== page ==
Singers, Beware: Choosing the Right Summer Program

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During my undergraduate years, I had the honor of being selected for the 40-voice Westminster Choir, then the chorus-in-residence at the Spoleto Festival USA (formerly also known as the Festival of Two Worlds). Those three summers were priceless. Not only was I a member of one of the world’s premier choirs, but I had the unusual opportunity to interact with some of the burgeoning professionals of the time. Our chorus master, Glenn Parker, was a genuinely fun person. He was also a demanding taskmaster who expected no less than our best because on stage we would be conducted by the likes of Cristian Badea and the late Spiros Argiris.

We would also interact with Renée Fleming before she made her Metropolitan Opera debut; the tenor Franco Farina; the bass Victor von Halem and Anthony Laciura, who would become one of the Met’s best-loved character tenors and an acclaimed actor in the television series Boardwalk Empire.

Most importantly, we would work with the festival’s founder, Gian Carlo Menotti, on his own opera, The Saint of Bleecker Street, and in productions of Parsifal and Jenufa. Spoleto did what a summer program should do; inspire, educate and convey what it takes to become an operatic artist of the first water.

A year after my last Spoleto experience, which, among other things, strengthened my grasp of the Italian language, I was accepted as an apprentice and later a fellow at the Aspen Music Festival and School. I played three lead roles during those summers and got to hone my craft through first-rate coaching, masterclasses, and performances under the leadership of Edward Berkeley, Jorge Mester, John DeMain and others. The eminent cellist Lynn Harrell, whose father Mack Harrell was a Metropolitan Opera baritone, exhibited a better legato than most singers. During my third year, a young cellist came to me and said that Mr. Harrell wanted help with phrasing and breathing in the Schumann Concerto. My summer experiences kept getting better!

I was also enrolled in my share of pyramid schemes designed mainly to line the pockets of the organizers, who bribed government officials in small European villages. Fees were usually exorbitant and the instruction, mediocre. And yet, during one such otherwise poor experience, I met a voice teacher outside of the program who would change my vocal life. She gave me tools that continue to serve me as both singer and teacher.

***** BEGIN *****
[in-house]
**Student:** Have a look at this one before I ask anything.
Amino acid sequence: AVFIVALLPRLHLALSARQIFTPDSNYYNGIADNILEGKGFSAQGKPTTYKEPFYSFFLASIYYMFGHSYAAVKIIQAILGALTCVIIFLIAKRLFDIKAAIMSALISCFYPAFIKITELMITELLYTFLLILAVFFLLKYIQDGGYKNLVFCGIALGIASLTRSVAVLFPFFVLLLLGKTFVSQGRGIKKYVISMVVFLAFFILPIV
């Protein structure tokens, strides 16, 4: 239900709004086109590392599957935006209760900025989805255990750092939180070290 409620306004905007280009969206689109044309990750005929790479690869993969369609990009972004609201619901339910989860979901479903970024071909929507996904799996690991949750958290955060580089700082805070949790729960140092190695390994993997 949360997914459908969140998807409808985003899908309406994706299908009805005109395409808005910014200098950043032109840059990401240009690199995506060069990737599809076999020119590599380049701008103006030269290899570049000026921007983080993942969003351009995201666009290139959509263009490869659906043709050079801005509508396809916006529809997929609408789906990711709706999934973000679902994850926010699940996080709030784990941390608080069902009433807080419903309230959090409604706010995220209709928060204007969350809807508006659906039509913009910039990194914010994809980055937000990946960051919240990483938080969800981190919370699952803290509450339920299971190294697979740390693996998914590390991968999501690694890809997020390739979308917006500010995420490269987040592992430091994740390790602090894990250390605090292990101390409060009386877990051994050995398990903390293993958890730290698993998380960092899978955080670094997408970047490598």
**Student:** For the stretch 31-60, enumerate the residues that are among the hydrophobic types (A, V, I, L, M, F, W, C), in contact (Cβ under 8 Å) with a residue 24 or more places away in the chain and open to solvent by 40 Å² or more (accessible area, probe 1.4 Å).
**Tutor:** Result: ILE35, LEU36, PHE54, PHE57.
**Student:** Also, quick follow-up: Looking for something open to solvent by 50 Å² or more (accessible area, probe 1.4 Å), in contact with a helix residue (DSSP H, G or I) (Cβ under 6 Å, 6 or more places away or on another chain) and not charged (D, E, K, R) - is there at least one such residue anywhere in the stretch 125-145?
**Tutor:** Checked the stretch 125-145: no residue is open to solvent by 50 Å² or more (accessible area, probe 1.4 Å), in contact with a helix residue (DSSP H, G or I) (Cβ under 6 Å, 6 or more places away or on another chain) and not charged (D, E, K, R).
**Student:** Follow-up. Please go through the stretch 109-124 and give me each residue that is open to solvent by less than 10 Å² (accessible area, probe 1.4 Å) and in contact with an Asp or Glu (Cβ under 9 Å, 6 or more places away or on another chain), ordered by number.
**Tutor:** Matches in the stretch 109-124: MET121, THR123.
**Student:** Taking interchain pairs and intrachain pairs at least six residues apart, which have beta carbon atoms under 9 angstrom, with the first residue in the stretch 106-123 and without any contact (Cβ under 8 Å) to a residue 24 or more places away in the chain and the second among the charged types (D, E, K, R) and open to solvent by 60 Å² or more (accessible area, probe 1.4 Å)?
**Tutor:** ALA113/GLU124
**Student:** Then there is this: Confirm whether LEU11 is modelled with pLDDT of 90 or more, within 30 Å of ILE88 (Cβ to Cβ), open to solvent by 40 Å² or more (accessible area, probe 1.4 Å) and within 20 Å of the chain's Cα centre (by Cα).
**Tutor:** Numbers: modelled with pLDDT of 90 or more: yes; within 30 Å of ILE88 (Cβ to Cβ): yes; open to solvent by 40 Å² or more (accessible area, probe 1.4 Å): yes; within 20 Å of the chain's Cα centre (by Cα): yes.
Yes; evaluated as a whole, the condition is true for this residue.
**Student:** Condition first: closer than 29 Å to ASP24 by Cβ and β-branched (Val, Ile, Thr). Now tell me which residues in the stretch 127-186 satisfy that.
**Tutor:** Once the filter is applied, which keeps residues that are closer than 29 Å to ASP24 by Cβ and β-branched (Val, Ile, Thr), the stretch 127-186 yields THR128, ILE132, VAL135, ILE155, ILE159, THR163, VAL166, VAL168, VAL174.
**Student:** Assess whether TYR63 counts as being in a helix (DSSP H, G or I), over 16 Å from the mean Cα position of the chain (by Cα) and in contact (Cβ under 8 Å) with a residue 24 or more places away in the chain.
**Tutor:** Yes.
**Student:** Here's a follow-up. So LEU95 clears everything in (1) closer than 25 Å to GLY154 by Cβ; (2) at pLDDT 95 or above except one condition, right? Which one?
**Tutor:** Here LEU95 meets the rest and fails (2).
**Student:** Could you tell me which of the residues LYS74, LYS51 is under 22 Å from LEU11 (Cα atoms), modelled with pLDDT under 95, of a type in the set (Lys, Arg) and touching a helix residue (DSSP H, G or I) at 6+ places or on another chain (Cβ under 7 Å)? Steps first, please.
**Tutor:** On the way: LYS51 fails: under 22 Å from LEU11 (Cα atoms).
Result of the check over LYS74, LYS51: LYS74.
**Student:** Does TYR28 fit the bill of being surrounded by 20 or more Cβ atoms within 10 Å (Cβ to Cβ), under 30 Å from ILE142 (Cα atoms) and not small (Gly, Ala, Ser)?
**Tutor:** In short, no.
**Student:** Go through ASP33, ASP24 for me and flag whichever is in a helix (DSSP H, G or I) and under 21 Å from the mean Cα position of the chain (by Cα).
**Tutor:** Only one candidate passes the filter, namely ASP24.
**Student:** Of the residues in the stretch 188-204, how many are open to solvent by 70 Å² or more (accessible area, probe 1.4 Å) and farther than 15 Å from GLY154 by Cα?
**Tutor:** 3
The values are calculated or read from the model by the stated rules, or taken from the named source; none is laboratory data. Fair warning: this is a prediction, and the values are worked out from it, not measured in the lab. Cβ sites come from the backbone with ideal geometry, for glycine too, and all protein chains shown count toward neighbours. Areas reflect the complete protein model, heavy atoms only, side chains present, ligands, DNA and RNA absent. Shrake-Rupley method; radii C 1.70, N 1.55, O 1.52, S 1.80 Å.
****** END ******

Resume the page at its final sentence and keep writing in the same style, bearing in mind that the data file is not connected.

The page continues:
Thirty years ago, when I applied for these programs, the number of singers pursuing opera was small by today’s standards. I often encountered the same singers at auditions in North America and in Europe. Today, it would be a miracle if two singers should encounter each other at more than one audition venue. The field is saturated. Many young singers are not ready.

Saturation at the “aspiring” level creates a demand for more summer training programs. The majority of programs during my formative years were bona fide training programs. Often philanthropies lowered the financial burden on participants. The schemes that are rampant today reflect the desperation of young singers who need to fill their résumés and validate their applications for more reputable programs. It is difficult to convince young singers that it is their well-rounded talents that get them to be seriously considered. And yet it is possible that a young student will meet his or her next mentor even in the context of a predatory program.

The summer experience is still relevant. I advise even my professional clients to find inspiring environments to prepare their next role, whether visiting a coach in some idyllic village or a teacher who lives in an interesting town they have never been to. A good summer program should: 1) place the young artist in a safe, unfamiliar, inspiring environment in which he/she can explore the unexpected; 2) provide a curriculum that challenges all aspects of the student’s craft; 3) offer enough performing experiences to allow students to put new discoveries into practice 4) include a faculty of educators who spend their time helping singers grow.

Too much stress is put on masterclasses with famous singers. Some are good at it, most are not. Teaching is a skill that takes years to develop. Singing and the teaching of singing are different disciplines that require different skill sets. Few people have both at the highest level. A singer may have a great technique and no idea how to communicate to the student how to acquire those skills. A singer may be a great interpreter and have no idea how to convey this insight. While it is cool to hang out with famous people, is it worth thousands of dollars to find out if they can teach?

Not that I am against famous singers. If I find a big name with great teaching skills (such as Joyce DiDonato) I would do everything possible to have this person at my summer academy. On the other hand, it is inspiring to have high-level active performers give concerts and talk about their experiences. I have had lunch, coffee or dinner with top singers, conductors and directors when I was in my twenties. Their insights remain with me today.

We go to summer programs to learn what we need to improve, to uncover another piece of our true selves, to be inspired to go beyond our comfort zones. To the aspiring young singer I say the following: beware of any program that promises to fix all of your problems and pave the way to your big break. That is pure fantasy. If you wish truly to take advantage of the summer program atmosphere, do some research, contact the programs and talk to friends who may have attended. Make sure that you are getting what you expect. Summer programs should get you closer to your dream, not create a mirage of your favourite operatic stage.

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